Monday — 5 September, 2011
I head to campus for a meeting and (as usual) I’m running late, but I expect to be around 30 minutes late, max. I rush to the train station.
After swiping in and running down the steps, I walk to the end of the platform and wait for the train. And wait some more. And keep waiting. About 10-15 minutes later, the Q train finally pulls up. I get in without thinking twice because it was really humid and the trains are always cool. I take a seat and realize that I will need to transfer at DeKalb Avenue (the last stop in Brooklyn) to the B train.
When DeKalb Avenue finally arrives, I get off and lean on the column facing the open doors of the Q train. Two ladies walk into the Q train and sit down looking the window to where I am standing. One of them is smiling and pointing at me and I’m not quite sure why. Although the thought that maybe the B trains aren’t running crosses my mind.
The Q train leaves and a little while later, a man comes running the down the steps.
“Excuse me, I need to get to Grand Street,” he says with a Russian accent, peering down at me.
“I think you can take the Q,” I say, pointing to the sign above us.
“Oh, the Q goes to Grand Street?”
“I think so, or maybe it’s the B. I’m not sure. But, there should be a map down the platform,” I say, pointing beyond the staircase he came down from.
“I have a map,” he says, looking through his large shoulder bag. He takes out a worn out and taped up map.
We look at it together and he points to the dot that reads: Grand Street.
“B or D,” he says.
“Okay, so you can take the B train from here,” I reply, pointing to the same sign I had pointed at earlier.
“The B is running today?”
“I don’t know. I hope so,” I say, thinking about the woman who pointed and smiled.
“It’s a holiday, so I don’t know if it is running.”
We wait. A few moments of silence pass between us.
“Where are you from?” he asks. I think and then hesitate and then answer, rethinking whether he is really Russian.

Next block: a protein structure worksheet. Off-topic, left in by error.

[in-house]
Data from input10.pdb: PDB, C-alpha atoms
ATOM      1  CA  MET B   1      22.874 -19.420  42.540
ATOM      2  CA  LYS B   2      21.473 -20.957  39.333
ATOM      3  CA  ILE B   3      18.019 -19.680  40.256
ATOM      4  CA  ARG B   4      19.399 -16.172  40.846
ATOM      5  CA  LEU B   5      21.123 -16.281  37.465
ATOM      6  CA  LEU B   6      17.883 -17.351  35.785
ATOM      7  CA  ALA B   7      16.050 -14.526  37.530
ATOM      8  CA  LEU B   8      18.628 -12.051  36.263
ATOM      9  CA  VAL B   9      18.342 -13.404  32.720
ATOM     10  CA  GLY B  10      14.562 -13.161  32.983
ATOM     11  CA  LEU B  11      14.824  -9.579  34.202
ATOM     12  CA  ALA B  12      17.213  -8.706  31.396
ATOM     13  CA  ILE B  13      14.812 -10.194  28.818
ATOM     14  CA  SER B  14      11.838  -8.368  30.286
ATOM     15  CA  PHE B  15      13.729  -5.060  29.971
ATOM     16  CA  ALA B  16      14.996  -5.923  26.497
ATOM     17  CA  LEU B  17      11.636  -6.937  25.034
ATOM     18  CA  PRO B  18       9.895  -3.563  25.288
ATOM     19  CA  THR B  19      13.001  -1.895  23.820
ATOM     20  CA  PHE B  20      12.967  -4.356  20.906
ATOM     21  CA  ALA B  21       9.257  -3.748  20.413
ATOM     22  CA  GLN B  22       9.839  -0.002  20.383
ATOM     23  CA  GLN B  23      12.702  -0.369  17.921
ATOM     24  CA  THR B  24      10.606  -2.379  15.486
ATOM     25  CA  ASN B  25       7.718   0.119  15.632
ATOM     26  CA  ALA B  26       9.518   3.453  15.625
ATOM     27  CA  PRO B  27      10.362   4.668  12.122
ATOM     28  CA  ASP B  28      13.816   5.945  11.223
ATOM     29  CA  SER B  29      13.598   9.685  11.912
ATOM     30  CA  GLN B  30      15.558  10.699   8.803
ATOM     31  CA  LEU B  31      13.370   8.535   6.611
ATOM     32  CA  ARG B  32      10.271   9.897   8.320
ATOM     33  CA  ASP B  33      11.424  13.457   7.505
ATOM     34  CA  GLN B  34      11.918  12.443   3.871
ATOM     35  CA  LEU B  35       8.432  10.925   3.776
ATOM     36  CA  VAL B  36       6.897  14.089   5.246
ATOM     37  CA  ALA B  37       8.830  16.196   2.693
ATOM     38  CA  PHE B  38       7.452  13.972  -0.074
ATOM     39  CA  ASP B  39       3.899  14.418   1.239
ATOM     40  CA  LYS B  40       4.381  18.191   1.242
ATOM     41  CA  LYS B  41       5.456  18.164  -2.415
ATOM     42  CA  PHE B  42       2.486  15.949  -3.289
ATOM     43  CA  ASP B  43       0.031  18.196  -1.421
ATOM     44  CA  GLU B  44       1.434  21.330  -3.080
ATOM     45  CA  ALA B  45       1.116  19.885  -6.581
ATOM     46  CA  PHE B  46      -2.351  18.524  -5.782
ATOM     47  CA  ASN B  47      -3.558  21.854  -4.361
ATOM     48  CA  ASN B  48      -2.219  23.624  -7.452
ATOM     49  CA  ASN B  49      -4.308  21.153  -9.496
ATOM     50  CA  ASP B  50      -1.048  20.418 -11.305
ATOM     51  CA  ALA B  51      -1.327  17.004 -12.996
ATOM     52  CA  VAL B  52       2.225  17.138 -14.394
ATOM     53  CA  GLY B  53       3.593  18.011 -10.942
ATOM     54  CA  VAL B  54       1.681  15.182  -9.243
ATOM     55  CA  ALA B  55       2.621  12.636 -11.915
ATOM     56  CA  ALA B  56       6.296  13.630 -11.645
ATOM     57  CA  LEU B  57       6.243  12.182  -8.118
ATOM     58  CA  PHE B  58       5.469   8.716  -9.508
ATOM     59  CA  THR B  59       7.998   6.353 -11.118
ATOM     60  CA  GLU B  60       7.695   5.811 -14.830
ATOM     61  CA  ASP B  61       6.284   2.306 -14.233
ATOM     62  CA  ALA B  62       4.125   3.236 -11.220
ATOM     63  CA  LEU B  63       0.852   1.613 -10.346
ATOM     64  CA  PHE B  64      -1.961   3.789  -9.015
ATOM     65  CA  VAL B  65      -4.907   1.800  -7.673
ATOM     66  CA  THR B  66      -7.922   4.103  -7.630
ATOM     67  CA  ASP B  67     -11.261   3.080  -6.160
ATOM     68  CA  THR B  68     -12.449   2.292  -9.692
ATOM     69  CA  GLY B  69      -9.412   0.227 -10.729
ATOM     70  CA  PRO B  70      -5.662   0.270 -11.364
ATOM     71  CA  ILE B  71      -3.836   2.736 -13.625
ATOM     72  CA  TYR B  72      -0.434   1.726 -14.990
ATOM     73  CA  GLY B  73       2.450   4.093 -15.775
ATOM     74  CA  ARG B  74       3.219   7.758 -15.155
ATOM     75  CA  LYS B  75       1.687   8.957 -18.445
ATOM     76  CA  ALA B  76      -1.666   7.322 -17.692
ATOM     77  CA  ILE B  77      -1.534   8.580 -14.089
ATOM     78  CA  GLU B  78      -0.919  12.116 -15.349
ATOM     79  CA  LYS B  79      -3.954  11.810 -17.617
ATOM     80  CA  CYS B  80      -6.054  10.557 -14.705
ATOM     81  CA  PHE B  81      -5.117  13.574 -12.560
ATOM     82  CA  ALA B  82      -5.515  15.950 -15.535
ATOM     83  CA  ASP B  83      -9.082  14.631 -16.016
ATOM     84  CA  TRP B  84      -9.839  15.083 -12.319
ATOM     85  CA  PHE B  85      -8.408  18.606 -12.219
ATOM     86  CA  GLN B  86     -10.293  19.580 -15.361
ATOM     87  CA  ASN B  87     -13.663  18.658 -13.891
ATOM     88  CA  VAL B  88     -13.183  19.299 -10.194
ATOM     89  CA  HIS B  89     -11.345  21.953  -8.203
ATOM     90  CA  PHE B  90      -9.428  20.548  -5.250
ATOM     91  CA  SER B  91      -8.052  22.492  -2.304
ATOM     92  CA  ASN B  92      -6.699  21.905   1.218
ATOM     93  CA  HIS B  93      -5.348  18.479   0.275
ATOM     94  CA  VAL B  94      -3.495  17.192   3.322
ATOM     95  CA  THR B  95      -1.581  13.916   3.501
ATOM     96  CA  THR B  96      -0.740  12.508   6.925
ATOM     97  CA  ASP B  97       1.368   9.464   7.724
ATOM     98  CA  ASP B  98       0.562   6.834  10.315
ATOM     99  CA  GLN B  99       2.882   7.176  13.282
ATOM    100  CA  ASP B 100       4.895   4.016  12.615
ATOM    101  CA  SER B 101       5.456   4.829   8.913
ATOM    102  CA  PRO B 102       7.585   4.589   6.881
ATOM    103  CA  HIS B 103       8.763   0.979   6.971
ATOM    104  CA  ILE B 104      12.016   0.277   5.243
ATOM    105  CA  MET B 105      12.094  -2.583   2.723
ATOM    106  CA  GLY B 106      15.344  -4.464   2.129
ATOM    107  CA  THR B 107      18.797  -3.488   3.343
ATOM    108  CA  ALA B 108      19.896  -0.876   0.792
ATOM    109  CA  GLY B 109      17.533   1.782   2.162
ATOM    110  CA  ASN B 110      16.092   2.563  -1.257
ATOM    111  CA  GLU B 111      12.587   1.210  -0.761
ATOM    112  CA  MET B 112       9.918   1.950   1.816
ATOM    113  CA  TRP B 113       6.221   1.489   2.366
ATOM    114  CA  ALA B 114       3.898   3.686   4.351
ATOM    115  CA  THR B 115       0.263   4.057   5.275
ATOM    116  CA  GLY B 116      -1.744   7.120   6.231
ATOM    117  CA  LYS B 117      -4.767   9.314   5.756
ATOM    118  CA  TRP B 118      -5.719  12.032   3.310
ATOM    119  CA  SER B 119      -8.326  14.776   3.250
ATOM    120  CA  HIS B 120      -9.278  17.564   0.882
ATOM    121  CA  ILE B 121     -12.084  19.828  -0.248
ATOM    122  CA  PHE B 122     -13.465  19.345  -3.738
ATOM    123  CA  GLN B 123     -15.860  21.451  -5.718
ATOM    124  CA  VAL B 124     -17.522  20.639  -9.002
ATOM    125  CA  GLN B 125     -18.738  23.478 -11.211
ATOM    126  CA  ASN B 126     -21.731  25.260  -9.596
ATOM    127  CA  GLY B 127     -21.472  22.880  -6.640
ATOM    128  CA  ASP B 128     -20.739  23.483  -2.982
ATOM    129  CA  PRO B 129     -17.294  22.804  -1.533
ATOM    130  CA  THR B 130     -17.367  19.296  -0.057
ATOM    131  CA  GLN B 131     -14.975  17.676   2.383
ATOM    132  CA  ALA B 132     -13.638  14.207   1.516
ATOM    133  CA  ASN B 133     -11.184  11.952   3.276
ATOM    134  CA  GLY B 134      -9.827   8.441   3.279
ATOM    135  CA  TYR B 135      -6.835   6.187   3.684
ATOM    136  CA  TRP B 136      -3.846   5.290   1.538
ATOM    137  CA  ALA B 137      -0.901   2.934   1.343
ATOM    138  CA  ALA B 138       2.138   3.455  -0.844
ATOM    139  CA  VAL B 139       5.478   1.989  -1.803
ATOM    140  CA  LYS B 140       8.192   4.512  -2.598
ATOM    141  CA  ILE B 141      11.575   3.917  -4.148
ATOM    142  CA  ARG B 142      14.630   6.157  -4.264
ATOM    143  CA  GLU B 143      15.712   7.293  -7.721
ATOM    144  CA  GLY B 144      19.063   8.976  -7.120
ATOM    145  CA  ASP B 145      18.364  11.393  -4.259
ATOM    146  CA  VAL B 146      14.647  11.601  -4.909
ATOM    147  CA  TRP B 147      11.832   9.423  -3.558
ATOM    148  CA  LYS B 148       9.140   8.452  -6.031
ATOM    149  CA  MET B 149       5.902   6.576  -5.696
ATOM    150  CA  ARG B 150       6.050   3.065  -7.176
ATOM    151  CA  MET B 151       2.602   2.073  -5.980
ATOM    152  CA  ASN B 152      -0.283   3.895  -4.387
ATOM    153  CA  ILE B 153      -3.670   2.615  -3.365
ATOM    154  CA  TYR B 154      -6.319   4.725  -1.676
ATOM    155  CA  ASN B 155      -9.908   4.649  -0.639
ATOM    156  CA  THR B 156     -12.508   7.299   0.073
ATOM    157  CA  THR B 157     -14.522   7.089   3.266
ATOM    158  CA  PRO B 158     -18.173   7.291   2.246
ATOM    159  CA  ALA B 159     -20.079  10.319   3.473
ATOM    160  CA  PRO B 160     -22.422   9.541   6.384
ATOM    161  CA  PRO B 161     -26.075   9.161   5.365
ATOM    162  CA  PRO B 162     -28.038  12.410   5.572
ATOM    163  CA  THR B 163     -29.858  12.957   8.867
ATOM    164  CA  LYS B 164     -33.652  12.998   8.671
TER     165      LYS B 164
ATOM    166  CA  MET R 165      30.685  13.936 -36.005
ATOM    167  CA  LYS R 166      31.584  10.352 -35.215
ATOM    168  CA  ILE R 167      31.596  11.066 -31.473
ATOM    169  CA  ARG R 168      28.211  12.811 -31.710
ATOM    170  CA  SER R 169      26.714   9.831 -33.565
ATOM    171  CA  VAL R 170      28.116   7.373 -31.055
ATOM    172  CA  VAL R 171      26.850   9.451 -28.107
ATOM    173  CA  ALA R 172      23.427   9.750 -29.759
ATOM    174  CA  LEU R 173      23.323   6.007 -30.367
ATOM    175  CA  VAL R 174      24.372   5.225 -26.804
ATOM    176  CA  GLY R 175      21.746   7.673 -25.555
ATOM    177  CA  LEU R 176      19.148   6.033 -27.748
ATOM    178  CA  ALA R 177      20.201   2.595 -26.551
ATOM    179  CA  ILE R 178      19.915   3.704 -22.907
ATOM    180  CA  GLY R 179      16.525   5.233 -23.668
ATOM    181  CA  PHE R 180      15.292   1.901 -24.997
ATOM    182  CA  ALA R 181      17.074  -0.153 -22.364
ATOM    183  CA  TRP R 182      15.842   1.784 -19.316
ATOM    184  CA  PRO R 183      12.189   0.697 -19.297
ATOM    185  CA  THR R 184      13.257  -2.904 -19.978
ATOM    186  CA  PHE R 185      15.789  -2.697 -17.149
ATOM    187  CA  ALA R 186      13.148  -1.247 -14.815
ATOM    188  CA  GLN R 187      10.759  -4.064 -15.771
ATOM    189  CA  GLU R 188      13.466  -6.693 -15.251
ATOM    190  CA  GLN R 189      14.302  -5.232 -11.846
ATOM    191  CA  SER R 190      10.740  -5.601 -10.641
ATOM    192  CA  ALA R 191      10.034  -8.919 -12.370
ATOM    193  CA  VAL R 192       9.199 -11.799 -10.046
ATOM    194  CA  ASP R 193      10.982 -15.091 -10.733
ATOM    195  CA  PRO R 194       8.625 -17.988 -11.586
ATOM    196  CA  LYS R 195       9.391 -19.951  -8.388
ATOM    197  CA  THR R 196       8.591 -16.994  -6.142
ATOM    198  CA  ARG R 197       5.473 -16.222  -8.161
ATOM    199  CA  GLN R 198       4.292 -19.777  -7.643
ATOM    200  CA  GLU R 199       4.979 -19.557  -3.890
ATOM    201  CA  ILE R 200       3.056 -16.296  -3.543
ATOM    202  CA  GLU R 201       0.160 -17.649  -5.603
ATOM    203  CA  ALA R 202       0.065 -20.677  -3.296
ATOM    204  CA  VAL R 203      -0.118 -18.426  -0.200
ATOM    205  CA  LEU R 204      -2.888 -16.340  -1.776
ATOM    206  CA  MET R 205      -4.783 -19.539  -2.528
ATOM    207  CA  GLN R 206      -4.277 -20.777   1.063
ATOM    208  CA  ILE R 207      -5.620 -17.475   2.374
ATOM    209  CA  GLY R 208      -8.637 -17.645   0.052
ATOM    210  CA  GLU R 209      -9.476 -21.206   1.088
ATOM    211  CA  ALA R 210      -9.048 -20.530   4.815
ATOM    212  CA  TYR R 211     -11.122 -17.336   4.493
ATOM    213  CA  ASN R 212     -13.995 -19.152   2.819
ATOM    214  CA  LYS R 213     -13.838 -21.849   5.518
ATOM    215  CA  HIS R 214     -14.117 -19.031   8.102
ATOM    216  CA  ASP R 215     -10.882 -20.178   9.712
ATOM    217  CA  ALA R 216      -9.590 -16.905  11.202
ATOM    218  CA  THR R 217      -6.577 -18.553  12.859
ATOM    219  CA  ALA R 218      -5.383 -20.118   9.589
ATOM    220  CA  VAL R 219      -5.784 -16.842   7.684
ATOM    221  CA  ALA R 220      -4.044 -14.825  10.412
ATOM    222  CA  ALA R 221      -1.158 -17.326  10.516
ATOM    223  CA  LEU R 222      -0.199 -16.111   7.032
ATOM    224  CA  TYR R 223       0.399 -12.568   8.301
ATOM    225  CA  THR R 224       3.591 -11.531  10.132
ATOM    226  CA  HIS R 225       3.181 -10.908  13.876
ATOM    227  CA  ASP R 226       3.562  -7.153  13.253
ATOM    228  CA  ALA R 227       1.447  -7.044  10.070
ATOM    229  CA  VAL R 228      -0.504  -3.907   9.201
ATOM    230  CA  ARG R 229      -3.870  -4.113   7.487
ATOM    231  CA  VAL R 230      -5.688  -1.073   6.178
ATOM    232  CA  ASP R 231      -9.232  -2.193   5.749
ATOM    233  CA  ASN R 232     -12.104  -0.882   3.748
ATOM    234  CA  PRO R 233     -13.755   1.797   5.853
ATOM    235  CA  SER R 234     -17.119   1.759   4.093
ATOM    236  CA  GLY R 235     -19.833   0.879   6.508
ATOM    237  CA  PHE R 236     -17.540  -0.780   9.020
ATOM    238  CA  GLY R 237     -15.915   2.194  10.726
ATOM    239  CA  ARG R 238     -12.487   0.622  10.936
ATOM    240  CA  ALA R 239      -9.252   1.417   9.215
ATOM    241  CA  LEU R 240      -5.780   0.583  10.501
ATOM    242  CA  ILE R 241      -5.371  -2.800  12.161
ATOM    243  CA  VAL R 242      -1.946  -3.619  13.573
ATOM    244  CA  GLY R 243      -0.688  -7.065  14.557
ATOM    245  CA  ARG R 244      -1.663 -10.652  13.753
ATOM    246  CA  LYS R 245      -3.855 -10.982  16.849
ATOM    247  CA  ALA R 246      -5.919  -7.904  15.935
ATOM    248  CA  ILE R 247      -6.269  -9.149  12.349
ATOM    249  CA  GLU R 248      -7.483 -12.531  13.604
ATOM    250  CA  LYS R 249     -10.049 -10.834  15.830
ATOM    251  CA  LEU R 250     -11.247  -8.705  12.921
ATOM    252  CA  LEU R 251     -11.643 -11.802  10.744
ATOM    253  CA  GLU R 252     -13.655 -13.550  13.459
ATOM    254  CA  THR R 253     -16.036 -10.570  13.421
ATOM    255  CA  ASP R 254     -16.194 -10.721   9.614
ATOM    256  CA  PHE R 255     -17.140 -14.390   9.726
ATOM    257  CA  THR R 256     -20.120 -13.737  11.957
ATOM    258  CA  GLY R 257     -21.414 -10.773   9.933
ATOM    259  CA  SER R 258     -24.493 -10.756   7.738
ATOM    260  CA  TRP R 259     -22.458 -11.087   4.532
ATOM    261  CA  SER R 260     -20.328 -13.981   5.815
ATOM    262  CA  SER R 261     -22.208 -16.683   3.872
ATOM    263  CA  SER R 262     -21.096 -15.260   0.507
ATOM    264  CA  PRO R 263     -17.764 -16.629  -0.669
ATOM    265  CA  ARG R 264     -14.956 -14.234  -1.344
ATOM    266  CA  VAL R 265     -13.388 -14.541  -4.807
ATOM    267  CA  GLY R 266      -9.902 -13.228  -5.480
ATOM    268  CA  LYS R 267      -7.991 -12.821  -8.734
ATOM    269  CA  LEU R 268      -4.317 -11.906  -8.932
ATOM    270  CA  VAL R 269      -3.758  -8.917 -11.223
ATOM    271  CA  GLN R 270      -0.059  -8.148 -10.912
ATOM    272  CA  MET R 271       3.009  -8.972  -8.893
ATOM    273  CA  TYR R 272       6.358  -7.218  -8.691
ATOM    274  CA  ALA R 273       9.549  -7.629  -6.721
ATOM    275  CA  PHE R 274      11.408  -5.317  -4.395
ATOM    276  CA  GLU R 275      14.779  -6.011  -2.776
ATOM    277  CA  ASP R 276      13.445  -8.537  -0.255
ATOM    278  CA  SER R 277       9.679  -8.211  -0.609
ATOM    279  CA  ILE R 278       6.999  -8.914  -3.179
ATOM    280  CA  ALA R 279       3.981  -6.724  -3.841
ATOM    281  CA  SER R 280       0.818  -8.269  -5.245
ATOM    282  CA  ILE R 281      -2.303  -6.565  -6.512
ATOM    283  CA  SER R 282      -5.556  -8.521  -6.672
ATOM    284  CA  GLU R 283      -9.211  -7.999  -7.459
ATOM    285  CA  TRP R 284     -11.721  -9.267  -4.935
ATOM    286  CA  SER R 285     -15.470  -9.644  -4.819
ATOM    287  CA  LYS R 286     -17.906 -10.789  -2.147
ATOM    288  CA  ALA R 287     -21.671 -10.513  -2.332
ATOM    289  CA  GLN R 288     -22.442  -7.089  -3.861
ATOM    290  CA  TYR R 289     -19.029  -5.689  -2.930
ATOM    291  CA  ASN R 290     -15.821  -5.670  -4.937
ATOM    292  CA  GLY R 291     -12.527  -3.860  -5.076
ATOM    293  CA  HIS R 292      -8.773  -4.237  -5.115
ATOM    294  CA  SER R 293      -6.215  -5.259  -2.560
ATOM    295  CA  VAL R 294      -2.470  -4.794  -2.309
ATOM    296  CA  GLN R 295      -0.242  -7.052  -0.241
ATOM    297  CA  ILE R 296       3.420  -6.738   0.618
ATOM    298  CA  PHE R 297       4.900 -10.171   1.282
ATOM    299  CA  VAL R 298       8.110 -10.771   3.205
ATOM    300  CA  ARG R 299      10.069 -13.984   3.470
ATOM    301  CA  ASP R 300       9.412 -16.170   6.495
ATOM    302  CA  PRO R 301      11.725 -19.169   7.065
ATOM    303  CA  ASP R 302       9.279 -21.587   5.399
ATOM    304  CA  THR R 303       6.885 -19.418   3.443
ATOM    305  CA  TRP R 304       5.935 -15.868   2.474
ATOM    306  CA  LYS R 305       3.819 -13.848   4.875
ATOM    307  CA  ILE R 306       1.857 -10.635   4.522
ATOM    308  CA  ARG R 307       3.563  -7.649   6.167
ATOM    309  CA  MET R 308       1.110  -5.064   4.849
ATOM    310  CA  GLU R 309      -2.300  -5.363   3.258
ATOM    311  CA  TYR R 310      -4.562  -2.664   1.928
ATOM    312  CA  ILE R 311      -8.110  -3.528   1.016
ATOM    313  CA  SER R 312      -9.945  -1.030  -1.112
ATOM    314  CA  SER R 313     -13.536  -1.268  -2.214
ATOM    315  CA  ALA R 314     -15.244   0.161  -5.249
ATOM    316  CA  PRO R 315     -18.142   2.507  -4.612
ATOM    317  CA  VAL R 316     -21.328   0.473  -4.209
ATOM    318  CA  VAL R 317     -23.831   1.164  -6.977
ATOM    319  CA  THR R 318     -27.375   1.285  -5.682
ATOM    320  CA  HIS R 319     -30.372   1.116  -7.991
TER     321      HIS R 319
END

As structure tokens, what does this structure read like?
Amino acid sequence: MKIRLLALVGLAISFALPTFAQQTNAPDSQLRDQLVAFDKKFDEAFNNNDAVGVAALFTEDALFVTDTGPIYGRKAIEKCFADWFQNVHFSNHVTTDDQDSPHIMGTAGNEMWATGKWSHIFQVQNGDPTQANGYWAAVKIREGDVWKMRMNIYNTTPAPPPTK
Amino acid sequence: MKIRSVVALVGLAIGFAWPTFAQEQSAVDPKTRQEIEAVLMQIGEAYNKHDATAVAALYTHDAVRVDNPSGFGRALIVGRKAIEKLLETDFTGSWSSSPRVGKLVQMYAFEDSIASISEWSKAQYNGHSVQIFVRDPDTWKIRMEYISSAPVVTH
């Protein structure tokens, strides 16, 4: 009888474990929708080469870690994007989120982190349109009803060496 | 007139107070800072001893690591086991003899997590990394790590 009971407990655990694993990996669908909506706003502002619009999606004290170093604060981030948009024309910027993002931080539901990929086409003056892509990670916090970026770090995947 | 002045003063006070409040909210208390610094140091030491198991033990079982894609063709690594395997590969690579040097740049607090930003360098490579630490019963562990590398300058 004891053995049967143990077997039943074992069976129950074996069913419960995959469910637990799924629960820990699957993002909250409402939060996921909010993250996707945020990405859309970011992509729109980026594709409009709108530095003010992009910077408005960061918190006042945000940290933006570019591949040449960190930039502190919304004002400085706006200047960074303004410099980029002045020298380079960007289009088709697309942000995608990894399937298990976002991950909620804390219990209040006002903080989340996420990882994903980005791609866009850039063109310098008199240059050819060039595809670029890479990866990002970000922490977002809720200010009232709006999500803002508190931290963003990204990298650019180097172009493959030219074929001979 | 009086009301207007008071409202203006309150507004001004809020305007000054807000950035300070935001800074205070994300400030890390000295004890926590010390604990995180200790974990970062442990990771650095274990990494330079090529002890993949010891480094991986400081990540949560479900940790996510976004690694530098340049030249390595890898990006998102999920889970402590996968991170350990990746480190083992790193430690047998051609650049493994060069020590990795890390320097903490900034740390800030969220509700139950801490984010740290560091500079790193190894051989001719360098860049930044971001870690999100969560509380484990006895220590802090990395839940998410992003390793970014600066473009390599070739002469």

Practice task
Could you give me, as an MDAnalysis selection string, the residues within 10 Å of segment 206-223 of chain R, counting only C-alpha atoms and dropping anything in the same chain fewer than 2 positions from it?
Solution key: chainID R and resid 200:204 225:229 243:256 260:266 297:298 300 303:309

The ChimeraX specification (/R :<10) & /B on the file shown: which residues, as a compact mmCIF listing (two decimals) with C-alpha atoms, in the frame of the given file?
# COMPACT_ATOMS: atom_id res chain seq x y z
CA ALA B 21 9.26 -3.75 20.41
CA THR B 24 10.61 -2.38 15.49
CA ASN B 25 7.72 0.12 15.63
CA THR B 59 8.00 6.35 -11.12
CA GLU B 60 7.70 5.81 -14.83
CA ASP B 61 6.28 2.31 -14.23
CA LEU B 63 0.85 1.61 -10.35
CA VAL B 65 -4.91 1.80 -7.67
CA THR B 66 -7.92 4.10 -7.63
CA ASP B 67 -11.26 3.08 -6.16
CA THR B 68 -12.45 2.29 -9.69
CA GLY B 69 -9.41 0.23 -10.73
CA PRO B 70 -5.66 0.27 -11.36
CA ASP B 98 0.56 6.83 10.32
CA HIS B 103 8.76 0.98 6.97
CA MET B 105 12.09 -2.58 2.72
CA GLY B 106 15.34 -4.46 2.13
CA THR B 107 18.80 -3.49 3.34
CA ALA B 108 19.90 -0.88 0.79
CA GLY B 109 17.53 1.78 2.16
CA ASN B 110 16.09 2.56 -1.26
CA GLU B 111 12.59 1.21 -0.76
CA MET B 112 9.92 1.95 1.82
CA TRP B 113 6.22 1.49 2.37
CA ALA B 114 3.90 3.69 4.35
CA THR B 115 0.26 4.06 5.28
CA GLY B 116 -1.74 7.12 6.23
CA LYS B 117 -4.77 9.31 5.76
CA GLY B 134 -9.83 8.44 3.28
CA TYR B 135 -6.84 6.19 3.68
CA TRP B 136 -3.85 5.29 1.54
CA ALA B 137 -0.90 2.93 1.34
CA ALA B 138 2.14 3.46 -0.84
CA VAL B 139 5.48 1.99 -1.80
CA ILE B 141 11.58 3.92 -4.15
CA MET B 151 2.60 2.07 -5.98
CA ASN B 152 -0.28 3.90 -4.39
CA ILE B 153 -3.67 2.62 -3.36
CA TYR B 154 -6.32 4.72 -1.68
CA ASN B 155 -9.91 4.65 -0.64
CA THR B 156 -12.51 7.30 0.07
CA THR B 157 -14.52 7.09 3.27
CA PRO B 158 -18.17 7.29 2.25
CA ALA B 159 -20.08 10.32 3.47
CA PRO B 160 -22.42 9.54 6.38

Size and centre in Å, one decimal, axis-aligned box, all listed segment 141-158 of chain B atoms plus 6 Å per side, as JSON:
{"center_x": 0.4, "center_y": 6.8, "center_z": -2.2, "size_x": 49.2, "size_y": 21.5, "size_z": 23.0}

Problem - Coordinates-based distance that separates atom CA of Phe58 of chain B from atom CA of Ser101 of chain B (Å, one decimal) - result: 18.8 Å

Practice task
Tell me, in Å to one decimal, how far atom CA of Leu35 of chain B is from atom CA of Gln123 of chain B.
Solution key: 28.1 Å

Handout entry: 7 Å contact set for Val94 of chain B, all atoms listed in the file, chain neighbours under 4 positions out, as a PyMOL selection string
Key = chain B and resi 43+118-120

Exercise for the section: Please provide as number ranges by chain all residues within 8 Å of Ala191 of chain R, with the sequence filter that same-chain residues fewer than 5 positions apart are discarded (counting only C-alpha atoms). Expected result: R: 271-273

“Pakistan,” I say, switching in the middle from the way it is meant to pronounced to the way it is annunciated in the United States.
“Pakistan,” he repeats, “Your english is fluent.”
“Oh, I grew up here.”
“I grew…up. I grew up here?” he repeats.
“Yes, I grew up here,” I say, thinking of a way to say it differently, “I came here when I was little.”
“You were raised here!” he exclaims.
“Yes! I was raised here,” I say, thinking that that is definitely a better and more eloquent way of putting it than: I grew up here.
“What did you use? What is the synonym?”
“I grew up here. Grew.”
“I grew up here. Grew. I grow up here.”
“I grew up here. It’s the past tense of grow.”
“Ah, I understand,” he says, nodding his head, seeming fascinated by the language. “And what was the alternative?”
“I was raised here.”
“Raised and grew up.”
“Where are you from?” I ask a few moments later as I try to decipher his face. A large white mustache, balding head, and a heavy build. Could he be Middle Eastern? I think to myself. He could be anything, really. After many encounters, I stopped playing the guessing game.
He puffs out his chest a little and stands straight.
“USSR,” he says.
“Oh, wow,” I respond, and naïvely so: “I have a friend who is Russian.”
“Where is he from?”
“I was born in Ukraine,” he says.
Eventually, we end up speaking about languages again.
I tell him I’m taking Arabic and he asks what language people speak in Pakistan.
“Urdu,” I say, but not very clearly.
“Ur…” he doesn’t quite catch it. I repeat it, until I finally spell it out.
“Oh, Urdu,” he says, definitely a lot more clearly than I could ever have said it.
We turn the conversation to English.
“English is a hard language,” I say, speaking from the experiences of adults and neighbors who tried to learn the language.
“It’s not hard. If you study as an adult, it is difficult. But for children, they don’t learn a language,” he tries to think of a way to put what he is thinking, “they absorb it.”
I agreed with him.
“When I was taking a foreign language,” he says, “German, we had a saying that German and English were like a horse and a pig.”
We both laugh at the oddity of the statement. Like a horse and a pig.
I turn towards the train track and see a Q train pulling up.
“So the B isn’t running today,” I turn back to him, speaking quickly. I think about whether you can take the R to Grand Street — but remember that it goes to Canal Street instead. “You should take the train to Atlantic Avenue and transfer to the D.”
He looks at his map that he held on to in his hand. He points to a dot in Brooklyn.
“Atlantic, Pacific,” he says, “D train.”
“Yes. Just go back up the stairs and transfer,” I say, pointing up the stairs and to the left.
“Oh, I have to go up again.”
He turns and begins walking up the stairs just as the Q train comes to a halt. I wonder whether I should accompany him to Atlantic Avenue and take the D into the city with him — after all, the D goes to West 4th Street, whereas the Q does not. I hesitate and enter the Q train. That would be strange. Besides, he seems to have enough experience with the New York City transit system — his worn out map is a witness to that.
I take a seat on the Q train and wonder which options I have to get to the NYU campus…for that meeting that began an hour ago.